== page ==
In an exciting year of presidential news, the Democratic race has finally cooled off. Hillary Clinton has solidified her spot as the Democratic nominee after her triumphant win in the New York primary. She won her home state by 16 percent and secured 33 more delegates than Sanders. In a race where Clinton had already been inching closer to the nomination, this could very well be the nail in the coffin for the Sanders campaign. Mathematically, it is still possible for Sanders to win, but that would require nearly sweeping the rest of the states, as well as finding a way to win over super-delegates, both of which are very unlikely. The real question of the Democratic primary is whether Bernie Sanders will stay in the race. He has the money, but with it slowly becoming more of an uphill battle, it is hard to imagine he will stay in for much longer. An intriguing part of this race is how Clinton will start to shift her focus to the general election. It will also be interesting to see how she will still appeal to her more moderate base while trying to gain many of Sanders' liberal voters. There is also talk about Clinton's Vice President choice, as she needs to choose someone who can attract a different base of voters to her campaign. So far, she has given very little indication of who she is considering to fill this position, but Cory Booker, Al Franken, Julian Castro, and Elizabeth Warren are all potential options. Whatever happens, it should be a relatively exciting finish on the Democratic side.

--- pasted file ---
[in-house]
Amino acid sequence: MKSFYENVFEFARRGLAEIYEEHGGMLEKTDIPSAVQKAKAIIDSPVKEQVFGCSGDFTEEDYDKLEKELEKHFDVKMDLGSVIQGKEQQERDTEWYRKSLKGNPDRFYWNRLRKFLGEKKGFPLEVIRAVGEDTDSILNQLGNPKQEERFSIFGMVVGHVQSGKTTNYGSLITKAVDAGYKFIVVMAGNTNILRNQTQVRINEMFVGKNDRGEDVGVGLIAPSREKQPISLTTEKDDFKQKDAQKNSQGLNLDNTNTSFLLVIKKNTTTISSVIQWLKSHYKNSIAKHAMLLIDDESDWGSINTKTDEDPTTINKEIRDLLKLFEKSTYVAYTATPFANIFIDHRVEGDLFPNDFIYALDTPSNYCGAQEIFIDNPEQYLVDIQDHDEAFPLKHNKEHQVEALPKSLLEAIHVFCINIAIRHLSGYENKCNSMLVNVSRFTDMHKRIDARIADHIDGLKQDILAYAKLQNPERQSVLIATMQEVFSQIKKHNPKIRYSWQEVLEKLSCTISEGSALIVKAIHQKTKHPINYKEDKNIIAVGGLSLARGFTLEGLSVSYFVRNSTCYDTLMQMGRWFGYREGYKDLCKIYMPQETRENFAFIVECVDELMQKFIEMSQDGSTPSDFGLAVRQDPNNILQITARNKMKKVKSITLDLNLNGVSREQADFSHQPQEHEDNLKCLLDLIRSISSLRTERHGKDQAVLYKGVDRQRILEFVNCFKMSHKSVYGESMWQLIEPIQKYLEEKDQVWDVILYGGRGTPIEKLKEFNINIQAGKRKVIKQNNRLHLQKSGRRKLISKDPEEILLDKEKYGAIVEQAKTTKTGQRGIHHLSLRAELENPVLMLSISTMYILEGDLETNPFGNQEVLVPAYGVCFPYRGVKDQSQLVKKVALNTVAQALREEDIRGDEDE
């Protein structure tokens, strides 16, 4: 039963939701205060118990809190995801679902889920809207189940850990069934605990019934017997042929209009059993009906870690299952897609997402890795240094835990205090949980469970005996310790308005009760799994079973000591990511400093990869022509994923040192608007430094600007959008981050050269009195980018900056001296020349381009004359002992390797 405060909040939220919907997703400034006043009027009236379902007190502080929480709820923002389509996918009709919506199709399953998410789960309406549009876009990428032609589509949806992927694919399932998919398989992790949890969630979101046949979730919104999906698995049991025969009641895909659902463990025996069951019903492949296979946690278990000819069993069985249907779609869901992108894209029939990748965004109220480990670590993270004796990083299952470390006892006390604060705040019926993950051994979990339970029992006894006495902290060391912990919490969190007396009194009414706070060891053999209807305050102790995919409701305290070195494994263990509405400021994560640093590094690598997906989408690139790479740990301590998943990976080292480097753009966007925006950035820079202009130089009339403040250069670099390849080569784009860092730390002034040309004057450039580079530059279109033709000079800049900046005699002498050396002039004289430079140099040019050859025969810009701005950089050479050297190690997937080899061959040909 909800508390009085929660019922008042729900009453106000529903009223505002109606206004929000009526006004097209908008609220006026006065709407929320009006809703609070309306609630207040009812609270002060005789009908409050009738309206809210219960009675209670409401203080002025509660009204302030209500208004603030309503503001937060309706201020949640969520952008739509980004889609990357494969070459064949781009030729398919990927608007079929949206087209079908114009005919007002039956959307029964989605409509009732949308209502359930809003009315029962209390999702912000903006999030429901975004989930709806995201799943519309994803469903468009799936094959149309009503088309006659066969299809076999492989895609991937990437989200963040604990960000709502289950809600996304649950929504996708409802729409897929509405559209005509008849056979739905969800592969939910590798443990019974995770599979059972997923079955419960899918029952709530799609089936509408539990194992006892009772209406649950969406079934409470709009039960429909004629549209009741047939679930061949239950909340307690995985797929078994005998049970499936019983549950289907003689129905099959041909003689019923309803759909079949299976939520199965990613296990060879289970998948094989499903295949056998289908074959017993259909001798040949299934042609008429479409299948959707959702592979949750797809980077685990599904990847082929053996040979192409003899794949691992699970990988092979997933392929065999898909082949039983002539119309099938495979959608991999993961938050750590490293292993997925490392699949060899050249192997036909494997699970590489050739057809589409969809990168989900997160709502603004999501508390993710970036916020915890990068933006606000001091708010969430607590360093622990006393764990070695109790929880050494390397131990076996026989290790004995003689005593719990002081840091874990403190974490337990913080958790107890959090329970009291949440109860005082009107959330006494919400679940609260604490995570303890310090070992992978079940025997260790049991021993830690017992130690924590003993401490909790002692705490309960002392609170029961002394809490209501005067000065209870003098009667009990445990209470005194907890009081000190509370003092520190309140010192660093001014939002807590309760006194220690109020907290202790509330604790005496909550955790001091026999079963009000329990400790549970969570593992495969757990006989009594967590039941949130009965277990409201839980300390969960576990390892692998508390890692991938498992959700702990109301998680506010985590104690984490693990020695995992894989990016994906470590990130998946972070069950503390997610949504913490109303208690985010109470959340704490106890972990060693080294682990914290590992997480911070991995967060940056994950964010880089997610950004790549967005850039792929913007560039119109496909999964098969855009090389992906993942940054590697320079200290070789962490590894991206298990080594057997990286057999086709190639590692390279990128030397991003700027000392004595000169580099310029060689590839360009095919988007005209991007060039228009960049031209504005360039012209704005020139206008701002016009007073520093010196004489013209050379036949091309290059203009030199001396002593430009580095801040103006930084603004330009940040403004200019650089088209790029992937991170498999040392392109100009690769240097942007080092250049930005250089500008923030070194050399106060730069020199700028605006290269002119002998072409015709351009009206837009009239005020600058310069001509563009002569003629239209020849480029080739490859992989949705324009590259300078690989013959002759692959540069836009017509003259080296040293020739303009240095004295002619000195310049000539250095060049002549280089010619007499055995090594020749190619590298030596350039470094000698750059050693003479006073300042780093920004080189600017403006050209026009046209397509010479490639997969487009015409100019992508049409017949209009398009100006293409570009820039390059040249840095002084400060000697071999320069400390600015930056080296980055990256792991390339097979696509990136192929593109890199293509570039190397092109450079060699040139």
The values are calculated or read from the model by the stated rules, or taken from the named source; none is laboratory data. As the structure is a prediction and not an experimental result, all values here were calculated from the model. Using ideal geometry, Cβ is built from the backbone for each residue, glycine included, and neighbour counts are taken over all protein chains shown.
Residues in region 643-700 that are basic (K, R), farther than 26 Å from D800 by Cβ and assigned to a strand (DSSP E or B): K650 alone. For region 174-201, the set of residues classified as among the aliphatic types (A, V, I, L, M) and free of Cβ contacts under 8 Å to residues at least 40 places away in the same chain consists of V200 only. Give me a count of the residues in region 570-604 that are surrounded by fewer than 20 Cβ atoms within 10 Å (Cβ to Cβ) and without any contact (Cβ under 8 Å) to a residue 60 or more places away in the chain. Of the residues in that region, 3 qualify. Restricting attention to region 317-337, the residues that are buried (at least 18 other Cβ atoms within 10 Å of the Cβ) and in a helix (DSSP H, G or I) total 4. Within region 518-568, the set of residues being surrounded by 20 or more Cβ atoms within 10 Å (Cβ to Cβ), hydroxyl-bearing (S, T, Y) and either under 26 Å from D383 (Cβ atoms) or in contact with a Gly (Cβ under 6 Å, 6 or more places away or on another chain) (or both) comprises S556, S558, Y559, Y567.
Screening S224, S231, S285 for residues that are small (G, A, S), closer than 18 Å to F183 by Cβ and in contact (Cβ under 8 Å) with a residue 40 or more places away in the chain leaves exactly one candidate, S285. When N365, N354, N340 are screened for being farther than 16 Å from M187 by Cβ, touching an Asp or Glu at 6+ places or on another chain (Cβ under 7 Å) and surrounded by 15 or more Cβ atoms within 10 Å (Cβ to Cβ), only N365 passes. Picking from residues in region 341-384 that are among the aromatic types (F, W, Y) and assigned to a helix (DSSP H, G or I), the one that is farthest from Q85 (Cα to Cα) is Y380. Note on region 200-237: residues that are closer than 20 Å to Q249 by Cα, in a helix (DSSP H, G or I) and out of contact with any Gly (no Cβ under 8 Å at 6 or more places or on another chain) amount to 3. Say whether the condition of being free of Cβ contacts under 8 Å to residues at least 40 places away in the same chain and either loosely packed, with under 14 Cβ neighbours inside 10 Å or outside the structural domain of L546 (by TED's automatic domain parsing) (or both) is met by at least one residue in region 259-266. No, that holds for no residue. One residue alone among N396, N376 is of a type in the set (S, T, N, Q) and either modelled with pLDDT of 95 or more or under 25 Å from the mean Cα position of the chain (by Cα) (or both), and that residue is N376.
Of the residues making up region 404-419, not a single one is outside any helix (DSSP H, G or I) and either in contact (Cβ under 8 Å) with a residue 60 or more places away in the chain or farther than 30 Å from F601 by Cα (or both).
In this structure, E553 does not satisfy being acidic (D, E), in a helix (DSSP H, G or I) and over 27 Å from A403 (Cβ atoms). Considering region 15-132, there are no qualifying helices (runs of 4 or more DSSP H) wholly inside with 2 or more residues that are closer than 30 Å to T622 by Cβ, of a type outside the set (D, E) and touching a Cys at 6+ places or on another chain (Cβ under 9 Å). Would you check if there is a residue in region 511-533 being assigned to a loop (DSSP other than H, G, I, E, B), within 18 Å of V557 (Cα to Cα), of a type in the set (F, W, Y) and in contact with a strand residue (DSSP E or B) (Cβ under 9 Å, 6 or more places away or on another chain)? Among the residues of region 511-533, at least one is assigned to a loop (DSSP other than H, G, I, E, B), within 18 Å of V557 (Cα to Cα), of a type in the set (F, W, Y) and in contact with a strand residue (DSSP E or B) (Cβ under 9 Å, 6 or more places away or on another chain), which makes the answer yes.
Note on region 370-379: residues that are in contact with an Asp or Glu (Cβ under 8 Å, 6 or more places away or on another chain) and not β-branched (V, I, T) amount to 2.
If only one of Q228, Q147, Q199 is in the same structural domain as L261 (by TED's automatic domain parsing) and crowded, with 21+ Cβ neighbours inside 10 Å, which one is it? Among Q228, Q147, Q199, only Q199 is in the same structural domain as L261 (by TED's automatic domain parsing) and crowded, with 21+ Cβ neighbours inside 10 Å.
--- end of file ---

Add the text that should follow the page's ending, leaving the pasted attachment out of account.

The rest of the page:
On the Republican side, things are a bit more interesting. Donald Trump continues his march towards 1,237 delegates, but it is still unknown if he will be able to reach this number and gain a majority. Without 1,237 delegates, there will be a contested convention, where voting will continue until one person gains a majority. This means that at the convention, a new candidate, who is not currently in the running, could emerge and win the nomination. Another option is that Ted Cruz or John Kasich wins the nomination. A similar event happened at the last brokered convention in 1952, where the candidate in second place after the primaries became the nominee. These possibilities are not out of the question, considering the Republican establishment does not want to see a Trump ticket. Despite this, Trump had a big win in the New York primary, getting 60% of the vote and winning 89 of 93 delegates. This should bring his campaign one step closer to avoiding a contested convention. However, anything is possible at the convention, which is why you should stay tuned come July 18th to 21st in Cleveland, Ohio.
Sources: The Atlantic, CNN, Wall Street Journal, The Hill, NPR, Time Magazine, New York Times
Photo Source: Yancey Roy